One of the issues standing in the way of convergence at the moment is simple the cost, combining 8 devices which separately cost at least $100 each suddenly leaves you with one very expensive device, as can be seen with the UMPC. For $1000 your get a device which should be able to do almost everything listed above (with the exception of mobile phone functionality) but has very limited battery life, is far too big to use as an mp3 player in most real world situations (such as working out at the gym), doesn’t have the publisher/developer support or interface to replace a DS or PSP, can’t be carried in a pocket limiting its usefulness as a PDA and has no keyboard making it a weak replacement to a laptop. Not to mention you still need a dedicated mobile phone. Basically for $1000 you get a device that really doesn’t do anything particularly well apart from possibly video playback and wireless internet connectivity.

This brings us to the big issue stopping convergence at the moment, some of these devices simply don’t compliment each other. My mobile phone or PDA needs to be fairly small, small enough to fit it in a pocket at very least, on the other hand when looking at an ultra portable laptop, internet station or video player I would want a least a 4 inch screen, and really something more like 6 inch+, particularly for the laptop. Similarly with a mp3 player I want it to be as small and light as possible, if I want to go for a walk/jog I should be able to easily slip it in a pocket or strap it to me arm and not even notice it. This is a fundamental difference in the interface/presentation of each device, with current display technology there is never going to be a device that works well as both an mp3 player and a portable laptop, they simply have a totally different and incompatible list of requirements and expectations.

The few convergence devices which have been successful have succeeded for very reason that they were complimentary. For example try finding a PDA now that doesn’t offer mobile phone functionality or for that matter a phone without some basic PDA functionality. Have much luck?

Both these devices have the same requirements, both are should be small enough to fit in your pocket, both are meant carried with you at all times, both have battery life measured in days rather than hours, the screen size required is not huge with the overall device size being more important, often the two devices store the same information such as contact details, both devices are used primarily for short text and number input meaning their interfaces are similar. These are two devices which should be together, you could argue that should always have been integrated. That is how convergence should work.

Sat Nav also now being added to these phone/PDA which again seems to be a perfect combination, so long as the screen is a decent size which is becoming more common on phones. Music playback is another option many are looking at on phones but this is not such a neat fit, as many are finding, a music device needs a simple quick interface, not a complex mini keyboard, phones need to last a least a few days without requiring a charge under normal use, most mp3 player can’t provide this if left on all day, phone memory is counted in MBs not the GBs needed for music. These issues are starting to be countered by large capacity flash drives, cleaner interface design and improvement it battery technology but I am still a long way from trading in my 20GB IPod for a phone.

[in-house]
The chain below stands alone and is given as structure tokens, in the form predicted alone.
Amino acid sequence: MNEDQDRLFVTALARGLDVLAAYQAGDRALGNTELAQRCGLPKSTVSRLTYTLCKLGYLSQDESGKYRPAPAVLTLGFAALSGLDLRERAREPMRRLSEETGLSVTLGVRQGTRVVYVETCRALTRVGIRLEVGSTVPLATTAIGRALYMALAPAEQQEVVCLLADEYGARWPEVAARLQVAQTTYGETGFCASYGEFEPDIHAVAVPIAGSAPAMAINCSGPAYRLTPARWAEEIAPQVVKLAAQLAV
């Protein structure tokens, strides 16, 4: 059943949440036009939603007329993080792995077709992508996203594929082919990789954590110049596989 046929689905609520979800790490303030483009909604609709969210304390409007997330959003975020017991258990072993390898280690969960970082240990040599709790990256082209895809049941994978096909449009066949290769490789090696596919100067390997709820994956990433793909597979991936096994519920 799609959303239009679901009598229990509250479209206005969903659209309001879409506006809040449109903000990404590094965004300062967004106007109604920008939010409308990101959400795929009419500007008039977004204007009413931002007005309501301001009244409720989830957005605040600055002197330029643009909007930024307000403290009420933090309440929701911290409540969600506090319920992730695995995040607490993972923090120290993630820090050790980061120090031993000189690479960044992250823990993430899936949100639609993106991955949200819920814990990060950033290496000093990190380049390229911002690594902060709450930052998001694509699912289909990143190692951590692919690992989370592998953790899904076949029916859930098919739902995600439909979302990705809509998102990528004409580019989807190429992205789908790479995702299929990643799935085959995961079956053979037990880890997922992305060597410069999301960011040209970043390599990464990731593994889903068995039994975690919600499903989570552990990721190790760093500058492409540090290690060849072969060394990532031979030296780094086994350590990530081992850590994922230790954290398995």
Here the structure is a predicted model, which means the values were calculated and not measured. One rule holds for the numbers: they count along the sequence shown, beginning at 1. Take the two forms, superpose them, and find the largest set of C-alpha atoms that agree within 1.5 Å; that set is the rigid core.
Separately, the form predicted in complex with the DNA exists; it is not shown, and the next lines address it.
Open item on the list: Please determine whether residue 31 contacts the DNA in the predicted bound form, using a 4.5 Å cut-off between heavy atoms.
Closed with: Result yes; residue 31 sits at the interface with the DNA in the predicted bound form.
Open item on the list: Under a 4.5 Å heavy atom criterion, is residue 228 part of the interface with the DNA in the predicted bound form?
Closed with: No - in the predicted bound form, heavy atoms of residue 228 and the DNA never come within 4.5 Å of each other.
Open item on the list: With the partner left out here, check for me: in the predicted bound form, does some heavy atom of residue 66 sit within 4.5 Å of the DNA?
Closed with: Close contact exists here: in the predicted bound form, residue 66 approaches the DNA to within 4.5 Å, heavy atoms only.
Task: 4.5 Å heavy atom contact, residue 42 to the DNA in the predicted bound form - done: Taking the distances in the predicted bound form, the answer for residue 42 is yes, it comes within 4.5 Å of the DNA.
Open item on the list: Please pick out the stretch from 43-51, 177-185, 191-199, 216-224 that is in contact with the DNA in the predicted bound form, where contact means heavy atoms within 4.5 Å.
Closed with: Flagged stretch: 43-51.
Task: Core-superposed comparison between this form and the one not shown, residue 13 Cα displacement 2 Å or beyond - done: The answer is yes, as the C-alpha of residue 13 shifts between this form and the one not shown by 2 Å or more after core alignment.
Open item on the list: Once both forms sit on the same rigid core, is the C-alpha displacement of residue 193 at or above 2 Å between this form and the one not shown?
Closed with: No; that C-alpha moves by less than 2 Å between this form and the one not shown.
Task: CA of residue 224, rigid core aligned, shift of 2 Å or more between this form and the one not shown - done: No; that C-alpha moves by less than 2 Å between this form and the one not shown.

That was quite a rant really but something I just wanted to put out there.

Wednesday, March 08, 2006

Intel UMPC details

Well the first real details of the UMPC product from Intel (which seems very closely related to, if not exactly the same as, Microsoft’s Origami) have been released and I have to say I’m rather disappointed. The device itself seems reasonable, though not amazing, with a 7 inch screen touch screen, standard x86 processor, windows XP tablet and wi-fi capabilities. The down fall is the fact that the first version of the device will ship with just a 3 hour battery, which puts a big question mark next to their portability particularly given that the quoted 3 hours is probably under relatively light use like listening to music, as opposed to something battery draining like playing a video over the wi-fi connection. Additionally the UMPC will retail for “under” $1,000, unless under $1000 actually means $500 this is well above the price most will pay for what is essentially a portable media device. For around $1,000 you can easily get a decent mid-range laptop which will probably be more powerful and have longer battery life not to mention having a real keyboard, sure it lacks a little in portability but with a 7 inch screen the UMPC isn’t exactly something that will fit in your pocket either.